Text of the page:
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J Antimicrob Chemother. 1988 Oct;22(4):557-62.

Selection of resistance by piperacillin during Pseudomonas aeruginosa endocarditis.

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Division of Microbiology and Infectious Diseases, Hôpital Saint-Luc, Montreal, Québec, Canada.


The mechanisms responsible for emergence of resistance during antimicrobial therapy were investigated in isolates obtained from a patient suffering from Pseudomonas aeruginosa endocarditis. The strain was first isolated from blood cultures obtained upon admission of the patient. It was sensitive to piperacillin, ticarcillin and tobramycin. Piperacillin-tobramycin therapy was therefore instituted and led to a rapid improvement of the patient's condition. Unfortunately, the patient subsequently became febrile again and blood cultures continued to yield P. aeruginosa. However, the organism isolated was now resistant to piperacillin and other penicillins tested. Cell-free extracts of the pre- and post-therapy isolates were analyzed for their beta-lactamase activity. The susceptible pre-therapy strain did not produce significant levels of beta-lactamase. In contrast, the post-therapy strain produced high levels of the enzyme. Induction experiments indicated that the production of beta-lactamase was constitutive in the post-therapy isolate. Thus, piperacillin therapy has led to the selection of resistant mutants which produced high levels of beta-lactamase constitutively. This was associated with relapse of the infection and therapeutic failure.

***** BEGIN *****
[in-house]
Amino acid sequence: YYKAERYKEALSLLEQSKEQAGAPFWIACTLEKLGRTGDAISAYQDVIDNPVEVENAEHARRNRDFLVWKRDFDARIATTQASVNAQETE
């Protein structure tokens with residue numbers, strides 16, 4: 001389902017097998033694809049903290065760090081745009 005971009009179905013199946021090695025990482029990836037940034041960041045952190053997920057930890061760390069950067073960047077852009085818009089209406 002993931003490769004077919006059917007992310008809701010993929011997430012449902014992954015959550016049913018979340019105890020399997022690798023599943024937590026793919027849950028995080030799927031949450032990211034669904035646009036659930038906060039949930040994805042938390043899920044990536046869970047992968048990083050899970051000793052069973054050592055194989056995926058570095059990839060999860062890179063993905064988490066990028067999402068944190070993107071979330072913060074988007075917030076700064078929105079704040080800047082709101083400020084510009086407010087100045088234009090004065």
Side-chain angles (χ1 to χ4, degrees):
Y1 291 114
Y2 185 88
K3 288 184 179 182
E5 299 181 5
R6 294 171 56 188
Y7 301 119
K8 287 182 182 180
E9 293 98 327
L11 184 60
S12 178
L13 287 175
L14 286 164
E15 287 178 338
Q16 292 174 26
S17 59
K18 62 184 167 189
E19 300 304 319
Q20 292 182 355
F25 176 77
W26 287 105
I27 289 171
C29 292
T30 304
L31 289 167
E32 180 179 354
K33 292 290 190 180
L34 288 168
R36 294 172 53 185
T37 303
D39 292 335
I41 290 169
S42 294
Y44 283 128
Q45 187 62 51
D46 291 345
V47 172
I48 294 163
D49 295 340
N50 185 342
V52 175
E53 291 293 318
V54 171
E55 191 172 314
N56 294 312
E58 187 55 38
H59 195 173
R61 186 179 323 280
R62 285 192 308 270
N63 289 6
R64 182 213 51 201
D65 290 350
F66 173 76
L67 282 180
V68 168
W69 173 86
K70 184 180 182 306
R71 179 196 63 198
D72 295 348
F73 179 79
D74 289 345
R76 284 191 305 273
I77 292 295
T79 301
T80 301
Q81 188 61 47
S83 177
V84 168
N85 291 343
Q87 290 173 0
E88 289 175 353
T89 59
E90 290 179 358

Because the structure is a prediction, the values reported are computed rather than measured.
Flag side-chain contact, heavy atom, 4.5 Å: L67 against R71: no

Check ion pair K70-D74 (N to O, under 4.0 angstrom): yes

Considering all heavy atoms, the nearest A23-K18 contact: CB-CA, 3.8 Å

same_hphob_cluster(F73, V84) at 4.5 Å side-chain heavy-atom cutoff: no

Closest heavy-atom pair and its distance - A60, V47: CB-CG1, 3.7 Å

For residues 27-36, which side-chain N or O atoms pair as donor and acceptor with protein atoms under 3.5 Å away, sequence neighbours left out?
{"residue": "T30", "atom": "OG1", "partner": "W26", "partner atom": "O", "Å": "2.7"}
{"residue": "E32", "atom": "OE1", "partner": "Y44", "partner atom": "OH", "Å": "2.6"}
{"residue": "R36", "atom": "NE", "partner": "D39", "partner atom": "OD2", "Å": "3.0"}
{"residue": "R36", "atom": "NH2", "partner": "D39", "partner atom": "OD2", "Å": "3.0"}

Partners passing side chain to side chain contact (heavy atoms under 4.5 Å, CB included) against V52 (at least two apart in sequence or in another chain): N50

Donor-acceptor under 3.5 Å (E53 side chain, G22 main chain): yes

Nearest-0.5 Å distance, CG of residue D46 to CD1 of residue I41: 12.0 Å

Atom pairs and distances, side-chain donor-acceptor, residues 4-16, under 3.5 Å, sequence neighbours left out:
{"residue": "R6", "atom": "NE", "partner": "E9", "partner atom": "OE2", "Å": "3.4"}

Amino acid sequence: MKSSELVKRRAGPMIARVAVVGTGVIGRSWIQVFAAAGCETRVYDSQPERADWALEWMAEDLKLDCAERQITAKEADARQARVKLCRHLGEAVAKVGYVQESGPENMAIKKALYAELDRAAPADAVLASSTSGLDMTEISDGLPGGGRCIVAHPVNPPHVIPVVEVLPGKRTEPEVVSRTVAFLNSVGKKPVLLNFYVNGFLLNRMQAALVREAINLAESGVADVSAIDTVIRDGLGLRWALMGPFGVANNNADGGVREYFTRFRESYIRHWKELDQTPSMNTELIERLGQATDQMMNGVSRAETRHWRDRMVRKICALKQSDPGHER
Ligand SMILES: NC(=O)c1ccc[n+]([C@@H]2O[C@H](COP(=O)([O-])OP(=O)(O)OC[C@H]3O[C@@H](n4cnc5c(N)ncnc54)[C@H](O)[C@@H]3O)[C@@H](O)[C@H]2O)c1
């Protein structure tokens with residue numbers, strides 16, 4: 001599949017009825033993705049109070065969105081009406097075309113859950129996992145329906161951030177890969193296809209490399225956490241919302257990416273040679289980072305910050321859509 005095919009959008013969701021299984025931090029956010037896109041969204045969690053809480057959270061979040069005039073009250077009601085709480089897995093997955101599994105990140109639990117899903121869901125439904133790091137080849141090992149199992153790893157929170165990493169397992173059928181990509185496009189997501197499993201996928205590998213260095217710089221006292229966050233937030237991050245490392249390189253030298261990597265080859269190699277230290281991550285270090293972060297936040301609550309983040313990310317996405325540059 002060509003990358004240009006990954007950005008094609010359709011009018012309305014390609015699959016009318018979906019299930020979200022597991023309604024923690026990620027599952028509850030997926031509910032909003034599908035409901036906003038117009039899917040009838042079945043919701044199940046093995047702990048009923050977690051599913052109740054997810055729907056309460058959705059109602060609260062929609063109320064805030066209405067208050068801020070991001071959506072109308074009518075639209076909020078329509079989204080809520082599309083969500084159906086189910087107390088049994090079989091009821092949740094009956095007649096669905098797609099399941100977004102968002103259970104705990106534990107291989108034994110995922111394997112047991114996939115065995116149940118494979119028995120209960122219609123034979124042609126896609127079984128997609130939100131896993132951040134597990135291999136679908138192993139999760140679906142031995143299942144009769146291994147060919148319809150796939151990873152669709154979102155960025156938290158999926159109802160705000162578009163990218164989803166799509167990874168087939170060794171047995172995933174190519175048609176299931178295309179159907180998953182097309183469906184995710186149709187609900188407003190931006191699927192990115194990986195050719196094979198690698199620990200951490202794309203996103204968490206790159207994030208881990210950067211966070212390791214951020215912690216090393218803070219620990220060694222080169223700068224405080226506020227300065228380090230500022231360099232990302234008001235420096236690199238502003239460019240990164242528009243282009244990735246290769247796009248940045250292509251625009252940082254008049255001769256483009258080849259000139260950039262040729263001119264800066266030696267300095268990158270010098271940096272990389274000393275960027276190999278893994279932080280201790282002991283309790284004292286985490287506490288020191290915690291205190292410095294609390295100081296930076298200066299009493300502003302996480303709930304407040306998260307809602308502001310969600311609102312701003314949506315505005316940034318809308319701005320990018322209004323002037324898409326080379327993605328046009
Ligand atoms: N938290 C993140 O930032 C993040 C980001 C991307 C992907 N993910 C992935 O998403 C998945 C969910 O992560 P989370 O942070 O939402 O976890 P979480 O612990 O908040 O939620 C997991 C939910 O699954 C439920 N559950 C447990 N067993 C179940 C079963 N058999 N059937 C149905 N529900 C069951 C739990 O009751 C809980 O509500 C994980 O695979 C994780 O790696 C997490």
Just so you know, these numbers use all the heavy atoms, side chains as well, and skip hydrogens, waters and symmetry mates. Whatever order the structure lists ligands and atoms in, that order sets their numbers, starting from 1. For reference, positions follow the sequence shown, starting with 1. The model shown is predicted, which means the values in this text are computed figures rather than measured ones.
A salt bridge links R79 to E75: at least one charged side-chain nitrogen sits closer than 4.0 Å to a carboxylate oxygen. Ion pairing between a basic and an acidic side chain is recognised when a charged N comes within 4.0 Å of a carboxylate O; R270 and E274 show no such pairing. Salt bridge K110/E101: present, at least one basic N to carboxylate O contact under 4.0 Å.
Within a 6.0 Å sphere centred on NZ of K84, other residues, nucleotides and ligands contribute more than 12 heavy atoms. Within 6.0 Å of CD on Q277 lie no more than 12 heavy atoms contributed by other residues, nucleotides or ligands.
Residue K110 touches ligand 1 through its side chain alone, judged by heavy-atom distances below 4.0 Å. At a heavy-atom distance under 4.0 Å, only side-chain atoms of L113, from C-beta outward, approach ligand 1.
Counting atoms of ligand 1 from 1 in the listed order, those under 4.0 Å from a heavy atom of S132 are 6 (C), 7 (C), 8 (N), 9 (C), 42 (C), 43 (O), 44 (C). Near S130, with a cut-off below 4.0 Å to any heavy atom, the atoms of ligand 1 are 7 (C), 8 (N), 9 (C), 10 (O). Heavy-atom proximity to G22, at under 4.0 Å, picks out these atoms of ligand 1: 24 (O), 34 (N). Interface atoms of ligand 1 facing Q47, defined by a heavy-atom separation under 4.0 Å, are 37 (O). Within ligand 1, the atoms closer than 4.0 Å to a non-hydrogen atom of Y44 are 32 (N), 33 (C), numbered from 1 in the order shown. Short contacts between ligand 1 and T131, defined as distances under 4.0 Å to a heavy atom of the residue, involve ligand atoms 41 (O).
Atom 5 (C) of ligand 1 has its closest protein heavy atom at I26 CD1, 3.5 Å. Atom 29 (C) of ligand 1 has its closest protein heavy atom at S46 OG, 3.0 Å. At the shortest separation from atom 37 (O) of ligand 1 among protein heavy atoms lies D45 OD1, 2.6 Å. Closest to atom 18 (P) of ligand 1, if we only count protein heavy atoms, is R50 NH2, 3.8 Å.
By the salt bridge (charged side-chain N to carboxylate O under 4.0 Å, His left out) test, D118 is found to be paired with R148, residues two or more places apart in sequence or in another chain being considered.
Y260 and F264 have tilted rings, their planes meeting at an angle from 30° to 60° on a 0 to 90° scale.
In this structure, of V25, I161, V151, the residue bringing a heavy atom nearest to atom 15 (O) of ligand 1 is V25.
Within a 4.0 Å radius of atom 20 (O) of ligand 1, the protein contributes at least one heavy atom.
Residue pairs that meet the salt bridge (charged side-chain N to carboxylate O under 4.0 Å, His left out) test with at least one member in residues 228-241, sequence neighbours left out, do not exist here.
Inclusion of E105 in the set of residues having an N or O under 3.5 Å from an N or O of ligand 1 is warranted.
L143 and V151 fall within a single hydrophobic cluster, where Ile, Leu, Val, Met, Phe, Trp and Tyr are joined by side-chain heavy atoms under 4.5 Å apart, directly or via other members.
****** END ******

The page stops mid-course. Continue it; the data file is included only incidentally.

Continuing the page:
[Indexed for MEDLINE]

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